I am a Spark Person

Food balanceI’ve been experimenting with a new set of tools for tracking and working through on my food. I went to WW last Saturday, and for now will continue going to meetings for weigh in, but instead of tracking my points, I’ve decided to track more stuff using SparkPeople.

I am a geekette, happy and comfortable using online resources and tools. The WW e-tools site has useful information but it was very flat. There are message boards there, but that’s about the only way to interact with other people and I admit that I almost never used them. I pretty much just used online journal, recipe builder, and some recipes – but not many of those, either, since I have a ton of cookbooks (most of which I look at but don’t cook from).

SparkPeople is jazzier and more interactive – and free. You can build personal pages, participate on teams such as “over 50”, “women in menopause”, geographic area, all sorts of things that fit with your profile. Or none at all if you don’t feel like it. These teams help build support and interaction. The site has tons of recipes and is loaded with articles on health and nutrition.

When you set up a profile, you decide what your goals are: weight loss or maintenance/toning. There are a few other questions and then the system tells you what your daily targets are for nutritional values and exercise. You can change your goals at any time and are encouraged to monitor exercise and water consumption as well as food. There’s a fun system of SparkPoints that you get for doing a variety of things you probably would or should be doing anyway. But points are good, right?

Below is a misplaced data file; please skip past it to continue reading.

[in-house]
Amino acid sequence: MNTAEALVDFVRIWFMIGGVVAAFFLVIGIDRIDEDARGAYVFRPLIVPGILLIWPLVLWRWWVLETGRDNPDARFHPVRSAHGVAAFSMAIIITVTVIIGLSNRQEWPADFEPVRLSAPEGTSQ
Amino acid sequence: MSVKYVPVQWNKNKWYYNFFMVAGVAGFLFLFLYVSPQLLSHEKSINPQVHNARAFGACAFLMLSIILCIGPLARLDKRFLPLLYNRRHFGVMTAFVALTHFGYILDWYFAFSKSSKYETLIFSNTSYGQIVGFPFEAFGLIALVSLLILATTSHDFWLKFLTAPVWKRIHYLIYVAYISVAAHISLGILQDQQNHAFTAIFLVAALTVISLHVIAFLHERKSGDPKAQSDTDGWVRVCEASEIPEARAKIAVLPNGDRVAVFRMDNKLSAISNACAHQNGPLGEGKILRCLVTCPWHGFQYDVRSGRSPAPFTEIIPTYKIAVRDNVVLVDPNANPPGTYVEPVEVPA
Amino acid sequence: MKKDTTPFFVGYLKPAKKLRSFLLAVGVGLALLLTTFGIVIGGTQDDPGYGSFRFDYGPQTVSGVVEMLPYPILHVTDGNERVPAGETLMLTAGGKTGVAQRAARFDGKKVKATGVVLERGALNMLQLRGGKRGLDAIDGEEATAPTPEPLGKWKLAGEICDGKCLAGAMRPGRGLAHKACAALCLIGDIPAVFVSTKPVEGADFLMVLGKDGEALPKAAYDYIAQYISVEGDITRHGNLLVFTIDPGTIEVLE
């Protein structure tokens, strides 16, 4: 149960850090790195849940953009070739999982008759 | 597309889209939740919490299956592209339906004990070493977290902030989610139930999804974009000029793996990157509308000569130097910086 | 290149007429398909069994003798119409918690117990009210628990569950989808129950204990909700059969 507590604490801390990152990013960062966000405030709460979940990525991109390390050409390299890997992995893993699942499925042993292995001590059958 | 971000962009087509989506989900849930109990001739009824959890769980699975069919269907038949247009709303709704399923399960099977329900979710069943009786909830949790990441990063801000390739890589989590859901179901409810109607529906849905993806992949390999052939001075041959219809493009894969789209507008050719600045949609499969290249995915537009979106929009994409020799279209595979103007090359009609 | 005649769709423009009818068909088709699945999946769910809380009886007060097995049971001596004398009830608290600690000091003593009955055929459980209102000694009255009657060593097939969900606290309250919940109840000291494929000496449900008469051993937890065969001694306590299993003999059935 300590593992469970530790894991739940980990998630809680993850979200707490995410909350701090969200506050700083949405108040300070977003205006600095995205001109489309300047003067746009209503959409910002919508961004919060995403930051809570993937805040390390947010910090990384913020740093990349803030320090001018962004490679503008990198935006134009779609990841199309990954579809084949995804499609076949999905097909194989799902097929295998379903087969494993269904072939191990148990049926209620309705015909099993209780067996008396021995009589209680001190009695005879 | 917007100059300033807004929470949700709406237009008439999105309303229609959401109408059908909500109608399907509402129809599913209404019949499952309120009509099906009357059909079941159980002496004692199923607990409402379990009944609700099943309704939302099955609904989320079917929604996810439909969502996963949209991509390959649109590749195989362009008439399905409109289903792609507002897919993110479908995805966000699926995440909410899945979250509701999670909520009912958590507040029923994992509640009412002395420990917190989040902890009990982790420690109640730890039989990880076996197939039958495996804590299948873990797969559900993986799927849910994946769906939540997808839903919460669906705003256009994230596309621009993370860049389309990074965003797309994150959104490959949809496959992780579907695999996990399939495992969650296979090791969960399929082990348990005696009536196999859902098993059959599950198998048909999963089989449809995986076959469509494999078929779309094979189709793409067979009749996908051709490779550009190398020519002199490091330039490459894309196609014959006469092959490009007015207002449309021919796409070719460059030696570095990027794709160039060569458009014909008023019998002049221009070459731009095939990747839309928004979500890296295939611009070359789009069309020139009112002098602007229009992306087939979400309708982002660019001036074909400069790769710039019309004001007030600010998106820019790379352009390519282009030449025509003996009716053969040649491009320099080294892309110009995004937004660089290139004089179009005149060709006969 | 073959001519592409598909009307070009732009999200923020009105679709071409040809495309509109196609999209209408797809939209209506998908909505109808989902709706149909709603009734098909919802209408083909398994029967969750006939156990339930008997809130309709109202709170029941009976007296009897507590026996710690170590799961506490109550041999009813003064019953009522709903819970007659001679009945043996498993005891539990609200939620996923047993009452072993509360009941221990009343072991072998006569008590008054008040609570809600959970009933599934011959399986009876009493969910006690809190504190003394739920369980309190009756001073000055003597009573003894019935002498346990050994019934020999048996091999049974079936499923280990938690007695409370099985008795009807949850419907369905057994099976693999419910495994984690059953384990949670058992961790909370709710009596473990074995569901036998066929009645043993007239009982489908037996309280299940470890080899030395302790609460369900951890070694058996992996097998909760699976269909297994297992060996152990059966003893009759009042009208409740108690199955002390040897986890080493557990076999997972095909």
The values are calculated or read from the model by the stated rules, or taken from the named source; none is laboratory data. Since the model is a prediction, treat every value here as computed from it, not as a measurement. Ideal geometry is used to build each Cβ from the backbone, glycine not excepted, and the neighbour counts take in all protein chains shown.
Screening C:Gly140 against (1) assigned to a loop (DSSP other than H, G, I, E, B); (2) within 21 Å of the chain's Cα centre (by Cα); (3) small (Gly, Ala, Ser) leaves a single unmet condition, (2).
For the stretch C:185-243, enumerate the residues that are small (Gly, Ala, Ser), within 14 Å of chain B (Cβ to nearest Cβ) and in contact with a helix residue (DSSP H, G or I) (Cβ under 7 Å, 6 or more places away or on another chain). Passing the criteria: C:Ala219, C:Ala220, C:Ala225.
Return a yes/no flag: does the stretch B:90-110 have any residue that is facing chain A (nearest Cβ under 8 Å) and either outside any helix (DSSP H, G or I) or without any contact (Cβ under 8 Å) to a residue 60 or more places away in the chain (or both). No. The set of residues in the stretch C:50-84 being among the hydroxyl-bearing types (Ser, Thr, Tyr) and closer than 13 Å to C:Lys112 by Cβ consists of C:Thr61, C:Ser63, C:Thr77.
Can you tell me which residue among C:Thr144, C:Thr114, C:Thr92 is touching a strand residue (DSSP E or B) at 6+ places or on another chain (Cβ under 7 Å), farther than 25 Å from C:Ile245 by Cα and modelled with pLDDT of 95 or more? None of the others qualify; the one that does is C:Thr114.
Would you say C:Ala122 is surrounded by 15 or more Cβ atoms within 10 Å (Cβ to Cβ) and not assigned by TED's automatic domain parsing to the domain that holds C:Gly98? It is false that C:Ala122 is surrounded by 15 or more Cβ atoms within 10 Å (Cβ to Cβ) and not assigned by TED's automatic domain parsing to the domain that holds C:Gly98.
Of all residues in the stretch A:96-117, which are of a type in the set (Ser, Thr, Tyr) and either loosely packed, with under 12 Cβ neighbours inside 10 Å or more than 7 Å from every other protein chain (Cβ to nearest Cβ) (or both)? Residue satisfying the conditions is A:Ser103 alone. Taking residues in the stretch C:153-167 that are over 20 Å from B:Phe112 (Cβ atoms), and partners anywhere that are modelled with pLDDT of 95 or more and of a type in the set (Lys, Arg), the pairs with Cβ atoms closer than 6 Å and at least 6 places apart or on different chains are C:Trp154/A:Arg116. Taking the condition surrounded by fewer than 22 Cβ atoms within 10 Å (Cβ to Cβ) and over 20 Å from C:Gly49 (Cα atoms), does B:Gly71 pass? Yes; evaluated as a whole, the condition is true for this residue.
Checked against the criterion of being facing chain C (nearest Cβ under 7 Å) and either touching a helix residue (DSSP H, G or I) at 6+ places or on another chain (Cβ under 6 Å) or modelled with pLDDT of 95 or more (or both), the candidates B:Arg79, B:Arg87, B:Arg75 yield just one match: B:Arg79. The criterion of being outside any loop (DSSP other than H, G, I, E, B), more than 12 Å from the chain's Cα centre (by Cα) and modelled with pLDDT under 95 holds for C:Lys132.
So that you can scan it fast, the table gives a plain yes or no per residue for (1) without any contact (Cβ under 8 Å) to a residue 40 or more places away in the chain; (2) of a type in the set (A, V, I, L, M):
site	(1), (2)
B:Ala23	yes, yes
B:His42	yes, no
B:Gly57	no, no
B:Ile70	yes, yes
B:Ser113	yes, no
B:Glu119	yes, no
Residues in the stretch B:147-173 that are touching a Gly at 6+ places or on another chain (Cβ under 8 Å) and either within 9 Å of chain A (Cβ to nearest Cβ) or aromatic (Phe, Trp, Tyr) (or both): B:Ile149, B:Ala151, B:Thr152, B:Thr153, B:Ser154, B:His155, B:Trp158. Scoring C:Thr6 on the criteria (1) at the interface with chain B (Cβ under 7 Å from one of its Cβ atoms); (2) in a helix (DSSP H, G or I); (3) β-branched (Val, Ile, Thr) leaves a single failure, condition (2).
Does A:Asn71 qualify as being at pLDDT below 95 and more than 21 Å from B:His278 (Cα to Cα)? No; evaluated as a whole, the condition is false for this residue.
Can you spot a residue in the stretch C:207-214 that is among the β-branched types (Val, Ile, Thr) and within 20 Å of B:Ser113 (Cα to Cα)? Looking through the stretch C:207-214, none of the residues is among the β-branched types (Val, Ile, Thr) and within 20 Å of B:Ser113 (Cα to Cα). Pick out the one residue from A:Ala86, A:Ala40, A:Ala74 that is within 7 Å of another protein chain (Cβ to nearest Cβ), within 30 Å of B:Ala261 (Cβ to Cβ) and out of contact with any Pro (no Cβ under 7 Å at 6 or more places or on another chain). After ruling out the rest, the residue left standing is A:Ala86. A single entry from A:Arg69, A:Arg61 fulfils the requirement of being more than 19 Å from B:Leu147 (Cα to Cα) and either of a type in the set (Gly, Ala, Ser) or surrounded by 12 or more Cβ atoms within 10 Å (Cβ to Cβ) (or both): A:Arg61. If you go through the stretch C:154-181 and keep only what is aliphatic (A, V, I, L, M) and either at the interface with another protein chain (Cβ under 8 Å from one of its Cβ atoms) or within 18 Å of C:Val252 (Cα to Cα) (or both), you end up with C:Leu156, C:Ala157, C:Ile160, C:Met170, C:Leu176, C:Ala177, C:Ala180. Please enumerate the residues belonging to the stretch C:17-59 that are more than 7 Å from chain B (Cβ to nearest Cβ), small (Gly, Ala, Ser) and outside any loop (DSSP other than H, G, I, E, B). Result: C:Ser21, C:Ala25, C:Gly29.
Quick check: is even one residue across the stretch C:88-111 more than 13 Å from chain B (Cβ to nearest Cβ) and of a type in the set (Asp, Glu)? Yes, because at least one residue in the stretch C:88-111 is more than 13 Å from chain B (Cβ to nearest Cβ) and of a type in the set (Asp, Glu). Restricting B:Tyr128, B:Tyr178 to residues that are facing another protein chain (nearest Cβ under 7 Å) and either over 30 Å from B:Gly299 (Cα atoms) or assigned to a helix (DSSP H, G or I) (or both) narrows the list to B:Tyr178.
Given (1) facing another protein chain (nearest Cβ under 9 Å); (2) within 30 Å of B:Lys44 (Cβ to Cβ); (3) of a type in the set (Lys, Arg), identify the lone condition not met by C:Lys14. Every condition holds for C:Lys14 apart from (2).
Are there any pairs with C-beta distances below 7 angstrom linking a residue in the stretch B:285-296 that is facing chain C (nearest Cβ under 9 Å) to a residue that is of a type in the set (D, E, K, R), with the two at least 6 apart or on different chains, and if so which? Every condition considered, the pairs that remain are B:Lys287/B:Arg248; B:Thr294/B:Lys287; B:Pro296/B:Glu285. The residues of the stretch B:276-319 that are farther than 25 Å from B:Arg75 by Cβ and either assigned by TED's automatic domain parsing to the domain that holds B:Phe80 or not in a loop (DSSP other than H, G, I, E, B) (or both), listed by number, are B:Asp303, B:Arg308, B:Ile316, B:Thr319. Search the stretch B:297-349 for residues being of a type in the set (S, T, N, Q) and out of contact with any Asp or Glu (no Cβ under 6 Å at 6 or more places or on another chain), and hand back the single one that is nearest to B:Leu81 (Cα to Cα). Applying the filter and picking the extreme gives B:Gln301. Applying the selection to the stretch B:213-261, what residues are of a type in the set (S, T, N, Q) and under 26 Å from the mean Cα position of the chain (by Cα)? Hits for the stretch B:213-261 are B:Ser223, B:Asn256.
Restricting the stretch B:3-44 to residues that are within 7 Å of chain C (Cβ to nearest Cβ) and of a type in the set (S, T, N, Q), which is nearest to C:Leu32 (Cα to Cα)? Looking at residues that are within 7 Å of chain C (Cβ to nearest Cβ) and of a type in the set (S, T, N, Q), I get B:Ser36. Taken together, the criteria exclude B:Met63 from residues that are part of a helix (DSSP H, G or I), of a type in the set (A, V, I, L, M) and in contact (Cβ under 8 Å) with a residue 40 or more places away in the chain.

Pretty much the only part I’ve been using (give me a break, it’s only been 4 days) is the nutrition tracker. I enter items from a list just as in e-tools, can have favorites just as in e-tools, and see daily totals. The values, though, aren’t points, which are sort of made-up numbers, but actual real nutritional categories. The default is to show calories, fat, carbs, and protein. But you can also modify it to pull out more areas to track, such as potassium, sodium, fiber, and more.

Although two foods may have the same points value, their nutritional content is usually very different because food is not created equal. So I really like being able to have a more realistic idea of what I’m eating, both in terms of staying within a healthy range for each element and in seeing a weekly pattern.

So far, so good. I’m not even trying to be on a weight-loss plan this week; just tracking what I’m doing is kind of a miracle. There is a lot to explore on the site and over the next few weeks I plan to figure out some of the stuff I haven’t seen yet. So far so good, though.

Check it out – it’s free!